So yes while it would be relatively simple to provide ETA's along with the event info on the character page, it needs to be done within the context of competing needs, assuming we still wish to follow Tom's idea of making more characters a larger burden on the player.
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Yeah, it's a good intention, however using "shitty interface" as the way to gate content leaves a lot to be desired, since making it hard to know when things are happening also hurts new players with only a few characters from getting precise information about when they can do stuff. If they did get just the ETA on actions on the main page, then it cuts through all the specialized knowledge you need to gain to work that out.

It also begs the question, if they're offering a 50-character mega account for more money, but the game actively conspires to make playing that suck as much as possible, from a user-interface point of view, why that option even exists.

Personally, I also think that smaller character limits would be a good thing. With less characters, people will be more invested in each character, and things like cross-account marriages will be more appealing.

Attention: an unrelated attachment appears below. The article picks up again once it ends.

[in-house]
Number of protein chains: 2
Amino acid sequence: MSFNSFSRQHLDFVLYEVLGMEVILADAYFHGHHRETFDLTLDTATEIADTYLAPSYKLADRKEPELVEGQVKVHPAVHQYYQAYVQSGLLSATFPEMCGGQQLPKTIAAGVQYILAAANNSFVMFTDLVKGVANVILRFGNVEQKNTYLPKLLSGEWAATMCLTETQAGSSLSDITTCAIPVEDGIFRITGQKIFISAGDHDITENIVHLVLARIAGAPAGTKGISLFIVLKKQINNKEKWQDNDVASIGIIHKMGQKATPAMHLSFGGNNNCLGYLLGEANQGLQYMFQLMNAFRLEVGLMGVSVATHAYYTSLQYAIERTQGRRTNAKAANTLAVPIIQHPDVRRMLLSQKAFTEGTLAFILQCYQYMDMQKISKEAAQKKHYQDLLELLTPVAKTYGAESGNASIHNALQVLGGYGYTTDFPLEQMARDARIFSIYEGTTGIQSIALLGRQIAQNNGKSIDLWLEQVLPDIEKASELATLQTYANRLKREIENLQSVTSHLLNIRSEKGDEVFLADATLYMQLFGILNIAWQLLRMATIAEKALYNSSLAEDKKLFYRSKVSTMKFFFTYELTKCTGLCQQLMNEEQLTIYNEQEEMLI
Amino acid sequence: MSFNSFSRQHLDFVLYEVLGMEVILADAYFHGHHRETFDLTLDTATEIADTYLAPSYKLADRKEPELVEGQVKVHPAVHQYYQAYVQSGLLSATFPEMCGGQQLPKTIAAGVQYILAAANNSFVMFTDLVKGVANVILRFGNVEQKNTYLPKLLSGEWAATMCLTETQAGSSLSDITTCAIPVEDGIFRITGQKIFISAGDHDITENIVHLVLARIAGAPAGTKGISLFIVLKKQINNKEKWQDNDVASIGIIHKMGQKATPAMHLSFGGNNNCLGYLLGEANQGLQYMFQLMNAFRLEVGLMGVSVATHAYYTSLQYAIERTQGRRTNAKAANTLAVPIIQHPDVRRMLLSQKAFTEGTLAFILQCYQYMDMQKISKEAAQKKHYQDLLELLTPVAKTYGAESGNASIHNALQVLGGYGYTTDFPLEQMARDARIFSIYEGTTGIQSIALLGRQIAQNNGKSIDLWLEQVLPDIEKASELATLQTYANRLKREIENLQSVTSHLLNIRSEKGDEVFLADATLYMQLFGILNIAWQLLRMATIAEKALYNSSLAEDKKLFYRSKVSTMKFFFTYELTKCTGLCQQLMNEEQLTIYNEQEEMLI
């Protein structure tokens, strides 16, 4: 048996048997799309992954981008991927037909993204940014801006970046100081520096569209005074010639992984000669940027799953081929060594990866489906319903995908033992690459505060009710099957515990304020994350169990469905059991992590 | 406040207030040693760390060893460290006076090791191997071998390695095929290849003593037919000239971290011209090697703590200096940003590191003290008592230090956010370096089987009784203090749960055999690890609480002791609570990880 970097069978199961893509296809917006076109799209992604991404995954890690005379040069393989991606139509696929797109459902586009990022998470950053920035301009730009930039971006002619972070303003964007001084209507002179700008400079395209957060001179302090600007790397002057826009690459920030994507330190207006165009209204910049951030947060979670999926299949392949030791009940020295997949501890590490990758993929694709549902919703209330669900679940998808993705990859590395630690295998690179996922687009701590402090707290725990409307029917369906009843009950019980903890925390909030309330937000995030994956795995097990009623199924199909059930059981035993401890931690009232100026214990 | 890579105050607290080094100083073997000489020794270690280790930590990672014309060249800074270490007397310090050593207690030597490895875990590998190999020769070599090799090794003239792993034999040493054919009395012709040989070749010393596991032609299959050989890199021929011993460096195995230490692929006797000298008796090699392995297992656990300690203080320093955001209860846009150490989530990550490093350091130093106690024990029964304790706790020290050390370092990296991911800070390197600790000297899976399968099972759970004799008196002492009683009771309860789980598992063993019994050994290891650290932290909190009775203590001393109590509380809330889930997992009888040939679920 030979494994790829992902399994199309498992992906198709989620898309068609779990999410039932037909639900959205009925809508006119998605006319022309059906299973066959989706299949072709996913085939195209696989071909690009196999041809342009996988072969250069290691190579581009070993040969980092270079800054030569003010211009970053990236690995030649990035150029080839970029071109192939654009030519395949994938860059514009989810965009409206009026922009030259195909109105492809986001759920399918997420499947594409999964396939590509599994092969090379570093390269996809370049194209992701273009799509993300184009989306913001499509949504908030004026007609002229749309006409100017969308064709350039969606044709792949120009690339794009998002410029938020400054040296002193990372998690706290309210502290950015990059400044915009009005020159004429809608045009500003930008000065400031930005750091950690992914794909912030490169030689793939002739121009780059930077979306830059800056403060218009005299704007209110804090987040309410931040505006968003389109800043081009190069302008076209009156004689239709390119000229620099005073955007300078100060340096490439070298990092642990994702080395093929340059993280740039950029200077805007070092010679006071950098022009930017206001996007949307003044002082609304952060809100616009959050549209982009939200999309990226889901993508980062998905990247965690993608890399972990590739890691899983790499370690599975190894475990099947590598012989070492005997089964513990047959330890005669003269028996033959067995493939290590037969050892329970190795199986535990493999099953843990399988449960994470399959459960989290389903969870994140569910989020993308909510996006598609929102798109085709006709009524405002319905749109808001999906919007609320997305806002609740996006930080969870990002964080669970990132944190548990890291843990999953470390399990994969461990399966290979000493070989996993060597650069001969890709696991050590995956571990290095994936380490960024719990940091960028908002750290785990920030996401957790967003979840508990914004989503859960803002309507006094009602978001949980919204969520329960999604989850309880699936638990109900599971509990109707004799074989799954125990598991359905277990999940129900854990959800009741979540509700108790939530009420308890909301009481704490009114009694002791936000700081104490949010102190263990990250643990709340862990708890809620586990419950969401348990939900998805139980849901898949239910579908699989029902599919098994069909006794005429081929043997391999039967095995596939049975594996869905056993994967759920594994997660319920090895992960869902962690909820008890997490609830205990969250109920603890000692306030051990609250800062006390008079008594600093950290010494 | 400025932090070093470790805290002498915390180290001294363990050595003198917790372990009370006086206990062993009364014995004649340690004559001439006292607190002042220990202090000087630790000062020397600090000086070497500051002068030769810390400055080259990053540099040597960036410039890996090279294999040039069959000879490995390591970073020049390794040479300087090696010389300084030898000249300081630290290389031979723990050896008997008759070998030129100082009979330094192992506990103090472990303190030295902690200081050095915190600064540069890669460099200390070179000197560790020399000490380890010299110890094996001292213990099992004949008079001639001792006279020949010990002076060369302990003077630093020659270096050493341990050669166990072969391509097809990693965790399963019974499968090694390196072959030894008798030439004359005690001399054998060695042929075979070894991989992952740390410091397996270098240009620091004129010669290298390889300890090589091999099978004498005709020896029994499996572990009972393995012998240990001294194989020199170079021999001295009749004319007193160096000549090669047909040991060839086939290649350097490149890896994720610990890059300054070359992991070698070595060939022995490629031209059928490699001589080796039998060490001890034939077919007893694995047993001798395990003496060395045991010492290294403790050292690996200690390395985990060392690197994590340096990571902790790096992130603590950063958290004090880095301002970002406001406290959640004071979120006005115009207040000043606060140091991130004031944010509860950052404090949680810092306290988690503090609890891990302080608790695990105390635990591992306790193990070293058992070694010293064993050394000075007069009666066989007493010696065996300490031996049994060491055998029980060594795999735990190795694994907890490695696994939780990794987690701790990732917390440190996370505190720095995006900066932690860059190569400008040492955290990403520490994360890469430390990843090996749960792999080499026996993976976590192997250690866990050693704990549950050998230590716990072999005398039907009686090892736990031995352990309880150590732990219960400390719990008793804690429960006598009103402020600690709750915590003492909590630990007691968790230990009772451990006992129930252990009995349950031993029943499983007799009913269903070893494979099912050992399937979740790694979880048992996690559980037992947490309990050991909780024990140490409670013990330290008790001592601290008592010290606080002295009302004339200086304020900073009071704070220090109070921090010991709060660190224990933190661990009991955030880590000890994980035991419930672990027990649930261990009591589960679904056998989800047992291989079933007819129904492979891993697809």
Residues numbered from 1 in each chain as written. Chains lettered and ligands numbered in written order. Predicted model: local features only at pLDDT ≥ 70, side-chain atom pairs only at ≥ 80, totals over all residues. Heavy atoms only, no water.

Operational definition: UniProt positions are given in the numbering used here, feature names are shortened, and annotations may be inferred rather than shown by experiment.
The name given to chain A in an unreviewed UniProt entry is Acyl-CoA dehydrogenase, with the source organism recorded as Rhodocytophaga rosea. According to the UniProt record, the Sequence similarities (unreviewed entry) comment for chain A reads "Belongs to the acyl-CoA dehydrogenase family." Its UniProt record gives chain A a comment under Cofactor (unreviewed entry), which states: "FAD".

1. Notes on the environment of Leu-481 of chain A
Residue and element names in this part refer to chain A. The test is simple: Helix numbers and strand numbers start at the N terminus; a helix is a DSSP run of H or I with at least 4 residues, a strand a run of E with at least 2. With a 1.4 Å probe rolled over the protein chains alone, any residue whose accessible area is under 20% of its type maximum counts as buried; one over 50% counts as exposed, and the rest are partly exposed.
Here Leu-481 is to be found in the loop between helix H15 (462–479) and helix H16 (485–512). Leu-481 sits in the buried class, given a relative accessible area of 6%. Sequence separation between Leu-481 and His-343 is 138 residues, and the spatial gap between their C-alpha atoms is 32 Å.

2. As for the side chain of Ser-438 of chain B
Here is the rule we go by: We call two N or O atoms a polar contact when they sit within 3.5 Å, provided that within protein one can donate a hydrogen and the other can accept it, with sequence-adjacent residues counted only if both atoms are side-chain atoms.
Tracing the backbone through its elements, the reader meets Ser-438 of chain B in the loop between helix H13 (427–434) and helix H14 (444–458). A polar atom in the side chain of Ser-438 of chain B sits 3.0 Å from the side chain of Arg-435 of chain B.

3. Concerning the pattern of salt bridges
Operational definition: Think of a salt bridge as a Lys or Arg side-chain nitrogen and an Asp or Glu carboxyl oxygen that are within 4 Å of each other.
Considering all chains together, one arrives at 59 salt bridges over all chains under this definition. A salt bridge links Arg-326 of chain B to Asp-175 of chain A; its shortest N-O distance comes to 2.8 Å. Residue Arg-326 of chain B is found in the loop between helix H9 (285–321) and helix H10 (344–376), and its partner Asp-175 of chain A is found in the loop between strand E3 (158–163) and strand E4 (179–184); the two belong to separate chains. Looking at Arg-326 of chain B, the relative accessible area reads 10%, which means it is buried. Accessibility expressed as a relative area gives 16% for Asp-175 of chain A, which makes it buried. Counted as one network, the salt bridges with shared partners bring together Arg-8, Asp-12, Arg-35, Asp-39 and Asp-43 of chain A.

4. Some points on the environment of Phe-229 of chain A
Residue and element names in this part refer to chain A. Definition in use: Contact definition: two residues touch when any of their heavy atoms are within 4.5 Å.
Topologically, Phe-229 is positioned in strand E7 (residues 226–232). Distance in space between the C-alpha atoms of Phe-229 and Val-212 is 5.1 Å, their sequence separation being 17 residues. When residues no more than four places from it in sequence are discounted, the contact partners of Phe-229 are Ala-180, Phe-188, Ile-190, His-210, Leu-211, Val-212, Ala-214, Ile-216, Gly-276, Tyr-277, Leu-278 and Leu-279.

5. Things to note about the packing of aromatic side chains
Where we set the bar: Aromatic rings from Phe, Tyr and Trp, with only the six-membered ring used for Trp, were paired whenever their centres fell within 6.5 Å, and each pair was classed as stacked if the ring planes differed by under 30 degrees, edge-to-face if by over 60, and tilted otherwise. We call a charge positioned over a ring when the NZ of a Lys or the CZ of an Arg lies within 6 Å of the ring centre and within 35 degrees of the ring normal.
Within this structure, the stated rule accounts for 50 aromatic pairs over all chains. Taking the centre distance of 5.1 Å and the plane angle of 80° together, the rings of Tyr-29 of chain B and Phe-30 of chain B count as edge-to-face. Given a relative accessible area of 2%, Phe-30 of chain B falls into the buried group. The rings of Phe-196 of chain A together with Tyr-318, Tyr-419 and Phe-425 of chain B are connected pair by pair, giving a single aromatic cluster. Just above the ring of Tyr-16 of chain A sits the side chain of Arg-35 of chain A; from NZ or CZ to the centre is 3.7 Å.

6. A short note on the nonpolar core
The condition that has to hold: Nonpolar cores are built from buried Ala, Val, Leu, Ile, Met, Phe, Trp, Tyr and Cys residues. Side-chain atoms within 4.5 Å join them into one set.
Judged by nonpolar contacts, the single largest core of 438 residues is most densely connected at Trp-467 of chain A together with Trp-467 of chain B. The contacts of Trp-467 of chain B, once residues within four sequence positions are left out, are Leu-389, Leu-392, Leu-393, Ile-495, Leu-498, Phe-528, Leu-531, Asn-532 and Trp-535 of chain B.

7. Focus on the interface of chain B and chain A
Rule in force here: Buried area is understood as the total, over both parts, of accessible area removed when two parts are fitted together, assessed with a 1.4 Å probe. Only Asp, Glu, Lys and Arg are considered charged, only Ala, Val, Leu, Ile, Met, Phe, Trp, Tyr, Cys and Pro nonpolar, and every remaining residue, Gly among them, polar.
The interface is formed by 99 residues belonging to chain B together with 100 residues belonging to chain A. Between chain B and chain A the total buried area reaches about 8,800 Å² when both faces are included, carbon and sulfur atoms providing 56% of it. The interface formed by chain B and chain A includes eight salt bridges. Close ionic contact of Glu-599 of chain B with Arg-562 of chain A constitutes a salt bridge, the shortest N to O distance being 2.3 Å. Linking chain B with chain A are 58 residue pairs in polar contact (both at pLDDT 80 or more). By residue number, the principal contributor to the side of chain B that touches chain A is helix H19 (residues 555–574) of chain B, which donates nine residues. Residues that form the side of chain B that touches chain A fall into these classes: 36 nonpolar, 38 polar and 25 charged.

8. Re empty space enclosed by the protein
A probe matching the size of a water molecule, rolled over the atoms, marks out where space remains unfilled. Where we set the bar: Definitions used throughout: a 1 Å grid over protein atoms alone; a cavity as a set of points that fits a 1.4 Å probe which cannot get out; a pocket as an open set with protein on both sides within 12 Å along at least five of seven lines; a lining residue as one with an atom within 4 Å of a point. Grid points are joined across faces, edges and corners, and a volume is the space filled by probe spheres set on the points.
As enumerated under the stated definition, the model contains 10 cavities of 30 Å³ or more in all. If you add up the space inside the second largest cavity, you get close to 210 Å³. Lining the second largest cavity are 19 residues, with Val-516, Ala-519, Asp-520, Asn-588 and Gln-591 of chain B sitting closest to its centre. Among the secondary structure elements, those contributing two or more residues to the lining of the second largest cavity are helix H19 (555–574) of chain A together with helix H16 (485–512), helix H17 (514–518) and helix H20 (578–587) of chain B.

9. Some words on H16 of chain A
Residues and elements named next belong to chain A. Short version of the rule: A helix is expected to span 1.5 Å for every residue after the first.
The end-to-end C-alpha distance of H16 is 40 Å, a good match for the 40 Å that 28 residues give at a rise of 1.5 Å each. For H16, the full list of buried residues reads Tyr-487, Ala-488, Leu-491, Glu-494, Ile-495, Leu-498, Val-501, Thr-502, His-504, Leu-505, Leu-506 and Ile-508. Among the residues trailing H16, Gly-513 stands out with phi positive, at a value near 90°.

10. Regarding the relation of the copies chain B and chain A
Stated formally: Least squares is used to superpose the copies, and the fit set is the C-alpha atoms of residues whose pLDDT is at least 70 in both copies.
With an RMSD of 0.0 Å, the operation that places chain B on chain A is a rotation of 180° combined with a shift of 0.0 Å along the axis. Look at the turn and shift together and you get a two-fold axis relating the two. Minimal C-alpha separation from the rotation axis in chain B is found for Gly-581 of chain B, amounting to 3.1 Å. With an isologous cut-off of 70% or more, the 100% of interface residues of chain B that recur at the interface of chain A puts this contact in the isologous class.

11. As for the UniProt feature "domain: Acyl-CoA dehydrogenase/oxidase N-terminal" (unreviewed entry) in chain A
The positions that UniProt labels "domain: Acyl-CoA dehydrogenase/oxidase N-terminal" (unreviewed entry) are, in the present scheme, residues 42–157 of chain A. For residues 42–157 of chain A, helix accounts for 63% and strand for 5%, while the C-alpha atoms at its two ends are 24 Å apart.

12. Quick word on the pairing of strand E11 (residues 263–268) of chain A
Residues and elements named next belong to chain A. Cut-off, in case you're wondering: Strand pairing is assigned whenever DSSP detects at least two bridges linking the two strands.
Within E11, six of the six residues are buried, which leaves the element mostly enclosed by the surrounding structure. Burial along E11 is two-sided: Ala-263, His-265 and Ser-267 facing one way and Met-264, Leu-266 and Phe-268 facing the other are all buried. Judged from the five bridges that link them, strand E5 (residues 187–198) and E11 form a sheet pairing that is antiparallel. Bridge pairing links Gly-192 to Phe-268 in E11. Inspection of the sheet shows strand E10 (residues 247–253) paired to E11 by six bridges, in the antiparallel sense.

thinking about it, one system that could work is to switch completely to town slots instead of character slots. e.g. 12 town slots for a free account. However, you need to allocate at least three town slots to each character you create (to avoid the potential problem of not being able to take a town with a new knight). This would mean a free account could make between 1-4 characters, with up to 12 towns between them. Sure, most people could continue to play as before, but you wouldn't be forced to create all 4 of your theoretical characters just to get your 12 towns. A possible extension of that would be to make it so each additional character costs one extra town slot than they can control. e.g. make it so a single-character free account gets 15 slots, but each additional character you make gets three town slots, but costs 4 slots. So you get some material benefit for making a few less characters. Then, the paid tiers can be based on this concept scaled up.